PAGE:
Scotland's regiments are to be combined into a single unit, Defence Secretary Geoff Hoon has confirmed.
The King's Own Scottish Borderers and the Royal Scots are to merge and join the other four infantry battalions in the new Royal Regiment of Scotland.
Scottish National Party MP Annabelle Ewing was thrown out of the Commons for calling Mr Hoon a "backstabbing coward" over the proposals.
Scotland's first minister said he was "disappointed" at the announcement.
Mr Hoon said the change was vital as part of a drive to improve efficiency in the deployment of soldiers.
Announcing a series of changes to the UK's armed forces, Mr Hoon told MPs that he was intent on ensuring an "Army for today and tomorrow", which would be able to meet the demands placed on it around the world.
He confirmed that the Royal Scots and the King's Own Scottish Borderers would merge and form a battalion of the new Royal Regiment of Scotland, which would have a single cap badge.
The other four battalions of the so-called super-regiment would be the Black Watch, the Argyll and Sutherland Highlanders, the Royal Highland Fusiliers and the Highlanders.
General Sir Mike Jackson, chief of the general staff, said the battalions would keep their roots in Scotland.
He said they would continue to recruit from the same areas and would still wear items such as the Black Watch's red hackle and the Highlanders' blue hackle.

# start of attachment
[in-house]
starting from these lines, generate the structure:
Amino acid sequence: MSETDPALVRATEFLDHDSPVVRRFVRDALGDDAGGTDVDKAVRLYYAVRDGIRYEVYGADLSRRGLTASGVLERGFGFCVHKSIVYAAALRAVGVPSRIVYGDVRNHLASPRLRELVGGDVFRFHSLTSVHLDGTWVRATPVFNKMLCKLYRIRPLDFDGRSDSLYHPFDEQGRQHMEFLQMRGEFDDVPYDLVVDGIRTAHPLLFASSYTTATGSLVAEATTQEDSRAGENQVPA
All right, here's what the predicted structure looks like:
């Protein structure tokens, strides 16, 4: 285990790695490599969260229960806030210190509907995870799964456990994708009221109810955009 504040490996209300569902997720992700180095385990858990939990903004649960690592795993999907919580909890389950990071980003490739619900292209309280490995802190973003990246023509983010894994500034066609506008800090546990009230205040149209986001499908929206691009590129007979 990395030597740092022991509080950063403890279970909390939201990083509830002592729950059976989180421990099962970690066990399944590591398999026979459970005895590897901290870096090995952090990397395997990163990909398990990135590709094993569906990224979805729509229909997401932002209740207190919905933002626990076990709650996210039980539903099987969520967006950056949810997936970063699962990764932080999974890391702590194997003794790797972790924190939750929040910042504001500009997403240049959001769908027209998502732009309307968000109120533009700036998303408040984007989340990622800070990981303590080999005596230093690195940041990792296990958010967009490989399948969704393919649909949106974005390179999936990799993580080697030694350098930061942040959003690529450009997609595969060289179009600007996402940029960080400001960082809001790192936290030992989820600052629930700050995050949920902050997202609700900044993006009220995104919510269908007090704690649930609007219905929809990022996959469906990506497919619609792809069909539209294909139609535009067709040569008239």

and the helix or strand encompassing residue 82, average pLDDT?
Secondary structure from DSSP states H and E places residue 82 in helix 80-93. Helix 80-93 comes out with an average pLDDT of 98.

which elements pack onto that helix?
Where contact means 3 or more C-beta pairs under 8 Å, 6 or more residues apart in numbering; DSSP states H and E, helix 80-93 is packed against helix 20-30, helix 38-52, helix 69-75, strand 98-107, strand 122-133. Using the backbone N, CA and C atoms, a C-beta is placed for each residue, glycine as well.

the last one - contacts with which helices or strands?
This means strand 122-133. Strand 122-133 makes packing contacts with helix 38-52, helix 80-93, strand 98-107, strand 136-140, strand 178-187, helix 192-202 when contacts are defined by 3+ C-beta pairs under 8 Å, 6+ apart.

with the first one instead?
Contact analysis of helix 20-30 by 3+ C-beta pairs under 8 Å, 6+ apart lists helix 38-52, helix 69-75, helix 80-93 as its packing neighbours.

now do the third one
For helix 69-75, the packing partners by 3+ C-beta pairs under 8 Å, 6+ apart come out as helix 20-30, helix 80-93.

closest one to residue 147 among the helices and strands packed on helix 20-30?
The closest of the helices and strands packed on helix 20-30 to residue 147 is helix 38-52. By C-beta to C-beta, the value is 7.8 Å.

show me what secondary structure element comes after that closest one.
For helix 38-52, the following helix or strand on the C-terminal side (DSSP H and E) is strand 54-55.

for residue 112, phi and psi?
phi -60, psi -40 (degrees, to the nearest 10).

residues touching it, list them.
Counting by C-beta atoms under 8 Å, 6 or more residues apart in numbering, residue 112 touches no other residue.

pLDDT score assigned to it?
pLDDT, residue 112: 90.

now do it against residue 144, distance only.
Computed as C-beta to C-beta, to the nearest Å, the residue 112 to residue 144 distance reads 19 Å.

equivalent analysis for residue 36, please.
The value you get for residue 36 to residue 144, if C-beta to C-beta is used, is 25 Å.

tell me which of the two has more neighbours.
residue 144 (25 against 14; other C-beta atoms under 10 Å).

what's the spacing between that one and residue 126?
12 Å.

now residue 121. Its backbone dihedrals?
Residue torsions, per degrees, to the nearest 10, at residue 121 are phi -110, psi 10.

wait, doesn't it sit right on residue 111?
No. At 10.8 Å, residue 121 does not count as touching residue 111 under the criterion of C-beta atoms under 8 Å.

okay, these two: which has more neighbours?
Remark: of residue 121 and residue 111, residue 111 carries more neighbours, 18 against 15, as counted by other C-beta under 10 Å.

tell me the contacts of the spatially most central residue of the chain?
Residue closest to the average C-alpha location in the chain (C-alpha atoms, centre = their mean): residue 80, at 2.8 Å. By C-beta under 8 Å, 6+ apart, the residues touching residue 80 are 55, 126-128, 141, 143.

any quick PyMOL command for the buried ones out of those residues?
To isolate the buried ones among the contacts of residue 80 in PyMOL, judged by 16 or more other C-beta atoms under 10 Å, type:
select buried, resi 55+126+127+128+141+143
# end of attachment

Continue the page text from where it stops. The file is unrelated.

Scotland's most senior Army officer, Lieutenant General Sir Alistair Irwin, said: "Change is never easy but we recognise there is a need for change and a need for the Army to restructure for the 21st Century.
"But in this reorganisation, each battalion has retained strong links to its local community, to specific items of uniform, and most importantly it has provided the link between the past, present and future.
"I am particularly pleased that our famous battalion names and traditions will live on because that is what I have been fighting for."
However, Save the Scottish Regiments campaigners condemned the announcement and accused the government of the "ultimate betrayal" in the decision to merge the Royal Scots with the Kings Own Scottish Borderers.
In a statement they said: "The retention of hackles and cap badges are meaningless as the Black Watch and the other five Scottish Regiments will cease to be their own regiment and will be swallowed whole to become known as The Royal Scottish Regiment.
"This is a meaningless gesture in the greater picture of almost 400 years of proud service to the country.
"The appalling decision to merge the Royal Scots with the Kings Own Scottish Borders will be remembered by all patriotic men and women of Scotland as the ultimate act of betrayal by this Labour Government and those cowardly, so-called Scottish MP's and MSPs - mainly Labour who deserted the men of those regiments in their hour of need."
Making the announcement, Mr Hoon said: "These plans will make the Army more robust and resilient, able to deploy, support and sustain the enduring expeditionary operations that are essential for a more complex and uncertain world.